Full disclosure, I am a reformed bed maker. I never made my bed as a kid, teenager, college student, newlywed or mother. Ok. I made my bed after washing my sheets, but beyond that or having company over, never. I would think, I’m so busy, there isn’t enough time, no one will know the difference. Then I dated a guy for several years who was probably best described as OCD. I learned a lot from this guy including, how to do perfect laundry (hint: hang everything immediately), how to make the perfect margarita (hint: fresh lime juice) and how to make your bed every day. Actually it wasn’t literally how to make your bed but more so the habit of making your bed. I began to appreciate the Zen of making your bed and, eventually, it became my habit as well.5 Ways making your bed will make you a better person

At least once a week, I leave the house before my husband is out of bed. When I arrive home, if the bed is not made, I feel let down. So no wonder that meeting didn’t go well. I immediately repair the situation and make the bed. Whew. Relief. As my husband says, the shui is back, as in feng shui. Feng shui is an eastern philosophy of positive energy flow. Regardless of what some Taoist said 3,000 years ago, a made bed feels better.

So here they are. The rationale behind making your bed everyday:

1. Productivity. Charles Duhigg’s, The Power of Habit says “Making your bed every morning is correlated with better productivity, a greater sense of well-being, and stronger skills at sticking with a budget.” This has been true for me. I am more productive when my bed is made. There is a sense of satisfaction that if I can make my bed, I can get all sorts of things accomplished. It’s the added advantage that it’s normally accomplished first thing in the morning and sets the rest of your day up for success.

2. Head. Karen Miller in an article called Your Bed is Your Head, says “Transform your reality. Face what appears in front of you. Do what needs to be done. Make peace with the world you inhabit. Take one minute—this minute right now—to enfold your day in dignity. Tuck in the sheets, straighten the covers and fluff the pillows.” I get this. Here is one of the largest objects in your life and it is at peace. There is space. Make your bed to clear out your head. It allows you to address those things that need to be tended to.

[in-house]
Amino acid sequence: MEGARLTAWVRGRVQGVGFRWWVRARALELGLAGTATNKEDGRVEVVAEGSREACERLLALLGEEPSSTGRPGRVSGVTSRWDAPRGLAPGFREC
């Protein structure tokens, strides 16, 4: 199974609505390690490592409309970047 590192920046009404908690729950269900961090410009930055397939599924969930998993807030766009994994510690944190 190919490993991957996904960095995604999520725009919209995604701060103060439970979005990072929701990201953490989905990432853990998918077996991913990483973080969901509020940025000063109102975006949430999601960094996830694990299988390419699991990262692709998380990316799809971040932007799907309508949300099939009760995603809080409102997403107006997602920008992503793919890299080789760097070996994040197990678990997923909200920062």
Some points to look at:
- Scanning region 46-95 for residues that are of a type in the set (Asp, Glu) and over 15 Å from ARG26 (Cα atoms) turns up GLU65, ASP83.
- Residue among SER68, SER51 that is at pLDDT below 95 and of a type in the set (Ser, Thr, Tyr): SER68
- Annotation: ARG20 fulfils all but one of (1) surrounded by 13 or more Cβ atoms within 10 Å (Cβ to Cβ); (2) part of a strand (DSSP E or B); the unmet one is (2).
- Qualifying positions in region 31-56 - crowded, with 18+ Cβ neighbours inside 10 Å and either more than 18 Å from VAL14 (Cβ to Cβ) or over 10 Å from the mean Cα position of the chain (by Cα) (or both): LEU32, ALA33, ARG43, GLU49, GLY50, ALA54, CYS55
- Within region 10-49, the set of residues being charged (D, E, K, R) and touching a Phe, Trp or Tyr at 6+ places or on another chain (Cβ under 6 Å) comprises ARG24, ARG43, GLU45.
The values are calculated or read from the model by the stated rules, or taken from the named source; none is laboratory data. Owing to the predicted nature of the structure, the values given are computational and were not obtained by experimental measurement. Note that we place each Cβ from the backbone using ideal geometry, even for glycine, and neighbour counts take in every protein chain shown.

3. Chain reaction. Small habits start a chain reaction of big transformation. Duhigg says, “Small wins are exactly what they sound like, and are part of how keystone habits create widespread changes.” Keystone habits beget other habits so if you eat a nutritious smoothie in the morning, you skip going to Starbucks, you read a book instead of watching TV and on and on. It’s like lighting a fuse to momentum. I write better when my bed is made. I feel like exercising, eating better, working harder, being better. So a two minute task can do all that? Let’s do a temperature check. Is your bed made right now? What is the chain reaction either way?

4. Impact. In Gretchen Rubin‘s blog Make Your Bed, she says,” Especially if you’re feeling overwhelmed, picking one little task to improve your situation, and doing it regularly, can help you regain a sense of self-mastery. Making your bed is a good place to start, and tackling one easy daily step is a good way to energize yourself for tougher situations.” It seems so small. So mundane. It’s almost like it builds resilience. Hmmm. Instead of having a V-8, make your bed.

5. What is. When I first married my husband, I struggled with trying to get him to make the bed. He frequently slept later than I and my expectation was that last one out of the bed makes it. Well, this was not a priority for him. I held a lot of resentment if he didn’t make the bed. I’ve let that go. As Byron Katie posits “Love what is“. I can spend all day wishing and praying or nagging and cajoling or I can let go and love what is. Find the joy in tasks like making the bed. There are plenty of other tasks that my husband does so ‘what is’ might be me making the bed. ‘What is’ are the two minutes in my life to embrace the simple elegance of making the bed. Set yourself free and love what is.

My kids, as young adults, still don’t make their beds. And I’m not about to twist their arms. The minute they head back to college or their apartment from vacation, I head up to their rooms to make their beds. I don’t know if there can be better energy or chi by proxy through my efforts but I sleep so much better knowing that in the bedrooms above me, there is order and space. Do you make your bed on a regular basis?